First Aid Kits etc
First Aid Kits
You need more than one First Aid Kit. They need to be accessible
- and must NOT be kept locked away, although simple plastic security
tags are readily available to help prevent pilfering (especially
of tape and plasters). The other advantage of using a security
tag on the First Aid Kit is that checking the contents are intact
is a simple matter of looking at the security tag. This will save
your Safety Adviser a LOT of work.
- boathouse - fully stocked kit,
- clubhouse - ditto. Essential if you have external functions
in your clubhouse; you wouldn't want guests at a wedding reception,
for example, stumbling about the boathouse looking for the First
- launches - basic First Aid Kits in each launch,
- bank coaches - consider providing basic supplies for coaches
- portable kits - separate fully stocked First Aid Kits should
be available to take with you to events, mostly in case of any
accidents on the way to and from the event.
Decide whether or not you think your club First Aid Kits are
for emergency use only (which I strongly recommend), or whether
you're happy for club members to use their contents to tape up
their blistered hands. My view is that blisters are an occupational
hazard, not a First Aid emergency, and all oarsmen should be expected
to provide their own plasters and tape for these running repairs.
This is my view of what should be included in (and excluded
from) a First Aid Kit for rowing clubs. It's based on recommendations
in the 8th Edition of the First Aid Manual.
- Waterproof container - clearly marked, preferably with the standard marking (white cross on a green background; NOT a red cross).
- A mixed selection (min. 20) of waterproof
adhesive dressings (plasters) - consider getting blue catering
plasters if you want to use this in a kitchen.
- 6 medium sterile dressings
- 2 large sterile dressings
- 2 extra-large sterile dressings
- 2 sterile eye-pads - even if only one eye is injured, you
will need to bandage both, otherwise when the healthy eye moves,
the injured eye moves with it and may cause further damage. Some
pre-packed First Aid Kits only include one eye-pad; add a second
- 6 triangular bandages - woven ones, I find, are better than the "non-woven" paper type.
- 12 safety pins - shouldn't be a shortage of safety pins in
the average rowing club!
- 4 pairs of disposable gloves (be careful with latex gloves
as some people can have a dangerous allergic reaction to their
- Scissors - the Tuffcut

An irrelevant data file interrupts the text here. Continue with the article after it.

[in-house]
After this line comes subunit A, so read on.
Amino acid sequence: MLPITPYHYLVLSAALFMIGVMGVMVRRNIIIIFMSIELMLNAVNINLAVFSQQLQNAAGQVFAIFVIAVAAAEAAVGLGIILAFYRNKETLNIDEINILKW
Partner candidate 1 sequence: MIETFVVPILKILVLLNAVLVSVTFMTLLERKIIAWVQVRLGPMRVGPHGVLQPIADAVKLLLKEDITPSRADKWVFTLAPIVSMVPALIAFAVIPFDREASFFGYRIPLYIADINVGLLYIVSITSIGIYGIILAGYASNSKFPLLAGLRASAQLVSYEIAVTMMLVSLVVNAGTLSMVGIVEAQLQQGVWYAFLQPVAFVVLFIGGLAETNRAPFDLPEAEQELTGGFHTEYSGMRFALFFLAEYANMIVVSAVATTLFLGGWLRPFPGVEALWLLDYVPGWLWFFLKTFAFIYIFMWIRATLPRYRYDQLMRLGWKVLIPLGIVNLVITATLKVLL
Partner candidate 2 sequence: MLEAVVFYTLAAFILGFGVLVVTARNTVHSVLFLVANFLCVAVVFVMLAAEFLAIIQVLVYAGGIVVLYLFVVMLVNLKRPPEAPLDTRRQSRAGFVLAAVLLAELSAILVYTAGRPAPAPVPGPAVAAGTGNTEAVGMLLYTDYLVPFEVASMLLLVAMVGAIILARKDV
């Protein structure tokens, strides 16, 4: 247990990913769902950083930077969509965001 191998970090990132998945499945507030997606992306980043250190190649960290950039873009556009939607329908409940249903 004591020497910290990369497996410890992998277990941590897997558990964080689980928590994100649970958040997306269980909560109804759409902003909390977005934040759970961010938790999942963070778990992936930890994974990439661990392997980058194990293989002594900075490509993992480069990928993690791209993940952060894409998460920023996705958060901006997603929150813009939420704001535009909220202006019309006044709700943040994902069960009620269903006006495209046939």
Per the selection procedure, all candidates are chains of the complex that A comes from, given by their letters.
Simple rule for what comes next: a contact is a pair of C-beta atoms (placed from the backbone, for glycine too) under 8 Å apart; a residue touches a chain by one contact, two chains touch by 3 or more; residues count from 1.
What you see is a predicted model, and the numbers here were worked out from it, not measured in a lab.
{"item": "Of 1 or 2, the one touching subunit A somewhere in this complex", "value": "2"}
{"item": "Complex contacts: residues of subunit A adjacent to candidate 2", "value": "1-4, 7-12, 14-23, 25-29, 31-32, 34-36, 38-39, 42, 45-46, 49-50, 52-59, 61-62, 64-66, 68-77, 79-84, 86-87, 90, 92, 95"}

type are very versatile, but you will also need a smaller, sharper
pair to cut dressings with etc.
- 4 crepe bandages (assorted widths / lengths)
- Non-alcoholic wound cleansing wipes
- Adhesive tape
- Notepad / pencil / tags - take notes of the incident and
casualty's condition and make sure they stay with the casualty
- Plastic face shield or (preferably) face
You can get complete First Aid Kits (e.g. the St John kit) together with replacement
bits and pieces from St John Supplies (you don't have to be a
member to order from them), or lots of High Street stores. Why
not put in a big order for your club and any club members who
would like to upgrade their own domestic First Aid Kits, and take
advantage of bulk discounts?
Things NOT to have in a First Aid
- DEFINITELY NO prescription medication - if, for example, asthmatic club
members want to keep a spare inhaler then they need to keep it
in their kit bag.
- All the advice I've had on my various training courses is not to keep any drugs or medication
at all in a First Aid Kit. If you do decide that you want to have
some headache tablets, e.g. paracetamol or aspirin, then make
sure they're clearly labelled, in date and only have a few (say
no more than 6) in the First Aid Kit at any one time. I still think it's a bad idea, but it's your call.
First Aid Training
OK, you've got a well-stocked, accessible First Aid Kit, ideally
more than one. But do you know how to use it? It's not really
much use if you don't. Find out if any club members already have
First Aid qualifications, and make a list. If you haven't got
any, then get some. Contact your local St John Ambulance or British Red Cross (check the local phone
book for contact details) about courses. Maybe if you can get
sufficient interest in the club (and neighbouring clubs too),
you could persuade them to run a course specifically for you.
Or find out from your employers if they need any First Aiders
at work - then you might get lucky and have them pay for the training!
The more qualified and proficient First Aiders there are, the
more likely one will be on hand when you need one.